I recently read this article and it made me mad. The central thesis is that the good life is made up of $5 coffee, gourmet supermarket food, $3,000 handbags, and McMansions and now that hard economic realities have forced many of us to give up "paying a premium for food and clothing, popping for lavish trips and entertainment or taking out a mortgage for way more house than we needed" the good times are over.
First of all, that assumes that everyone who could do those things when the market was flush did them and I don't think they did. What about all those people who chose (and continue to choose) voluntary simplicity, who drink water (from the tap, gasp!) instead of buying coffee out, who have no desire for a handbag with someone else's initials on it, and who read the fine print on their mortgage before signing on the dotted line?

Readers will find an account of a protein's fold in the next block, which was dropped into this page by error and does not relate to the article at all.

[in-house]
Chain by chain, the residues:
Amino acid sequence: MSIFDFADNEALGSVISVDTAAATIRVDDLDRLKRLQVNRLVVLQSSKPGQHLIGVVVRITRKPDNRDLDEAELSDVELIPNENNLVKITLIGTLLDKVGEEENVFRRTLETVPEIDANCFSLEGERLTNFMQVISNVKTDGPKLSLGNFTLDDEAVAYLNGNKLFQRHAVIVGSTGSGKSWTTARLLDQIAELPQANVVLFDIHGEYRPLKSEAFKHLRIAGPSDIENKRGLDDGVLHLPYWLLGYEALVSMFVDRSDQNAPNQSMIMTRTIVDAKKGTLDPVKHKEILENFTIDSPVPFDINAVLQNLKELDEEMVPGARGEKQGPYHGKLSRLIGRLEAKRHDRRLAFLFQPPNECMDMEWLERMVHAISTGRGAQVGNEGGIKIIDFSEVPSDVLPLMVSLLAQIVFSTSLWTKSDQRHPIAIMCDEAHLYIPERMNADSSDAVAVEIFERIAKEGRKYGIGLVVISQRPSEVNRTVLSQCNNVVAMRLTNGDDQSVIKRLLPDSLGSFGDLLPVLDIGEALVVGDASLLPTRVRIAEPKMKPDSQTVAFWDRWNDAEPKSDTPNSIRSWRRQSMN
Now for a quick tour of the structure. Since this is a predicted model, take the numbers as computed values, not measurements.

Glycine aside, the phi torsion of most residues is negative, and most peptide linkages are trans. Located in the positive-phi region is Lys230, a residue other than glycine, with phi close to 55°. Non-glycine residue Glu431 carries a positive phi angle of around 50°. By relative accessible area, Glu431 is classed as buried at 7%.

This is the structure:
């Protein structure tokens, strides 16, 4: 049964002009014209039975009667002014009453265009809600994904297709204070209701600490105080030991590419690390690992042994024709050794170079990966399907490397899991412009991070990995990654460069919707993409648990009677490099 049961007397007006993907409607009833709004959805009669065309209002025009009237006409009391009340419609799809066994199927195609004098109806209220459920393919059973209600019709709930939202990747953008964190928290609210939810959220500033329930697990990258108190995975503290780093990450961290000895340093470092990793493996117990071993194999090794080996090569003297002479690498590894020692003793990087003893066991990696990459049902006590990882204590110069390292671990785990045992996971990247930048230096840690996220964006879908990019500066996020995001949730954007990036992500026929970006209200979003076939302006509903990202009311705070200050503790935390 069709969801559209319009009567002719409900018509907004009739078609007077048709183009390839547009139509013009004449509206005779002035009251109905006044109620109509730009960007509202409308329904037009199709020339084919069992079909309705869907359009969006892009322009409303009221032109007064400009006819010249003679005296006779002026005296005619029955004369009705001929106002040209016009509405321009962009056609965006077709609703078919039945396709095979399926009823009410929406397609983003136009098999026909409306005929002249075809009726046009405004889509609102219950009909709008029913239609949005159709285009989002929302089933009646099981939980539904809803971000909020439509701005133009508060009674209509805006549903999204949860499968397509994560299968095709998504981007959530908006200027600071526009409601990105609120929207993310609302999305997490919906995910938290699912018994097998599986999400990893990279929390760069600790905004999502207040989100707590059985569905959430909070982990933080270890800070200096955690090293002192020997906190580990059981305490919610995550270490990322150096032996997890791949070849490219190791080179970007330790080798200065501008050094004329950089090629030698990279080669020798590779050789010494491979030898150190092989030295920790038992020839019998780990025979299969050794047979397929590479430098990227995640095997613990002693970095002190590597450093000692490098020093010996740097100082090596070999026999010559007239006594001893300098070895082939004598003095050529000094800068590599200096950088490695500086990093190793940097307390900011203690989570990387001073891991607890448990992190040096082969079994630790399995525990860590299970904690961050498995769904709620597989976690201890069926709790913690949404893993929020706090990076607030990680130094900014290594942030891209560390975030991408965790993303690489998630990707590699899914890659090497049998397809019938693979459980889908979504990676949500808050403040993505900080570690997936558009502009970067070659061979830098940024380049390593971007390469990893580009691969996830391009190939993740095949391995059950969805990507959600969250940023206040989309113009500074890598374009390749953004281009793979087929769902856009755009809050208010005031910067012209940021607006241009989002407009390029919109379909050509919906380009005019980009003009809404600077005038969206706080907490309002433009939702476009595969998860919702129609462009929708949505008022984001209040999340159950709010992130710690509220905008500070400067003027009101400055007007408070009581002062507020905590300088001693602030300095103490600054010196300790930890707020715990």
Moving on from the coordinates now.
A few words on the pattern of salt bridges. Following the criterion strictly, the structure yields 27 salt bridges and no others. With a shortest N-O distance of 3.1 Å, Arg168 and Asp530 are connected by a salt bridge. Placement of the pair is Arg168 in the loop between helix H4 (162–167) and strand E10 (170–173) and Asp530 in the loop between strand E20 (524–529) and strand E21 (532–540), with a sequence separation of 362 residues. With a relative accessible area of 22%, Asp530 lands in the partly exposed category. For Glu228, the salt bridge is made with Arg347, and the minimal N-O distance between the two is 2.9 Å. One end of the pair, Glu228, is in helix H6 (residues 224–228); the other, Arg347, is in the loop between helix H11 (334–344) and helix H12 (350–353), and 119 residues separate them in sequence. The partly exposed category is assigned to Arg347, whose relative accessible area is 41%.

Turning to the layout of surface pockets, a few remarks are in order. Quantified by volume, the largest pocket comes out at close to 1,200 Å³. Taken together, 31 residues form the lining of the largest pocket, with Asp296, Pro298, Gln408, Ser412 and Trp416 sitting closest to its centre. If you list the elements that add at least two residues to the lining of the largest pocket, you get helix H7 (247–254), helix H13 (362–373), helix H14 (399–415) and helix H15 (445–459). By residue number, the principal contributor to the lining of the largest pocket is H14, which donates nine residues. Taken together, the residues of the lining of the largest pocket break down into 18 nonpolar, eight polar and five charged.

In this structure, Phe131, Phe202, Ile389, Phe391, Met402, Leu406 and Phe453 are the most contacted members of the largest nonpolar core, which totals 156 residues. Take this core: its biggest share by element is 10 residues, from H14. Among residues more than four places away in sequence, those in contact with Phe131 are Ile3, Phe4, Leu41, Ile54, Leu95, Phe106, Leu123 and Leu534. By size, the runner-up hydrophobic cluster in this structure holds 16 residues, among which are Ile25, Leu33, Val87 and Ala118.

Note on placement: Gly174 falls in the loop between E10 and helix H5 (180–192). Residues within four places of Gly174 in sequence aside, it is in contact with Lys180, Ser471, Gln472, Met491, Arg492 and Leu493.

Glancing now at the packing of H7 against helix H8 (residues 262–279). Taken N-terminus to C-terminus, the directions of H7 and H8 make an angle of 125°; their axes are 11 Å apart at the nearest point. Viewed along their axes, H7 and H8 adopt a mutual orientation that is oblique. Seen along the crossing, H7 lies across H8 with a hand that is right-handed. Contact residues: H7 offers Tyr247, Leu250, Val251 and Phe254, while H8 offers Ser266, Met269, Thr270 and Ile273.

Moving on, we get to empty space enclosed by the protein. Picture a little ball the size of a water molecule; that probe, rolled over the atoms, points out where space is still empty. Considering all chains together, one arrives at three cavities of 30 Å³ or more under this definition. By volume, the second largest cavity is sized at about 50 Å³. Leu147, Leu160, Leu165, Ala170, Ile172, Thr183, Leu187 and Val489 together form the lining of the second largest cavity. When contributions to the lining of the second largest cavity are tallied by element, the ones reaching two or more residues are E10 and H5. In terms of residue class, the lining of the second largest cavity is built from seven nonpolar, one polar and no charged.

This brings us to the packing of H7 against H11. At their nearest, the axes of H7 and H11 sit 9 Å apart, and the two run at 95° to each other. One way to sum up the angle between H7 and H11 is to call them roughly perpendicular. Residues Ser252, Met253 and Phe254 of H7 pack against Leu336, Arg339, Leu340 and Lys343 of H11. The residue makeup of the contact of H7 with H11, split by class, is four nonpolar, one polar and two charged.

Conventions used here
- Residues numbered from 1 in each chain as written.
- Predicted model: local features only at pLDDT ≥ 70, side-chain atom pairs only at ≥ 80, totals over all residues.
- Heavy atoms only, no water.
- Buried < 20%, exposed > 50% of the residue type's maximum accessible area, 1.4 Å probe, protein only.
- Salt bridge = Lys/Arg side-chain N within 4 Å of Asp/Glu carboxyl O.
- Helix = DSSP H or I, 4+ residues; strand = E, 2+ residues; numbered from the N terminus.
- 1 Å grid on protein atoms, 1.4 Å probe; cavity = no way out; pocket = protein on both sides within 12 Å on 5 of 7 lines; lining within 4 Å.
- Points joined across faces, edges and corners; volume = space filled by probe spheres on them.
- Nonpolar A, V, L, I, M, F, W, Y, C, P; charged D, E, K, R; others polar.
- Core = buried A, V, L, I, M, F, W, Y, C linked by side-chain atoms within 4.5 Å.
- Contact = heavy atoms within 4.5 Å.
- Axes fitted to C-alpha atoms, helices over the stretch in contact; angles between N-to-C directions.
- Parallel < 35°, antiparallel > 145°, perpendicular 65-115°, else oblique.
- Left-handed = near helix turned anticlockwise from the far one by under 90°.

And even for those who are recent converts to coupon clipping, staycations, and free redbox codes, who says their lives are any less rich just because their bank accounts are smaller? While the economic downturn has meant many of us are having to make do with fewer material comforts, the big surprise is that it has brought more intangible comforts.
For me, unemployment has meant more family time, less rushing about, more appreciation for what I do have, and a greater sense of contentment. I would be lying if I said that I never felt bummed about not being able to buy something I wanted or that I didn't miss going on vacation more frequently, but I try to temper those negative feelings with a sense of satisfaction that I have less clutter and more quality time at home.
The good life isn't gone, it's just different.
What do you think? Can you still have the good life without extra cash? What constitutes the good life for you?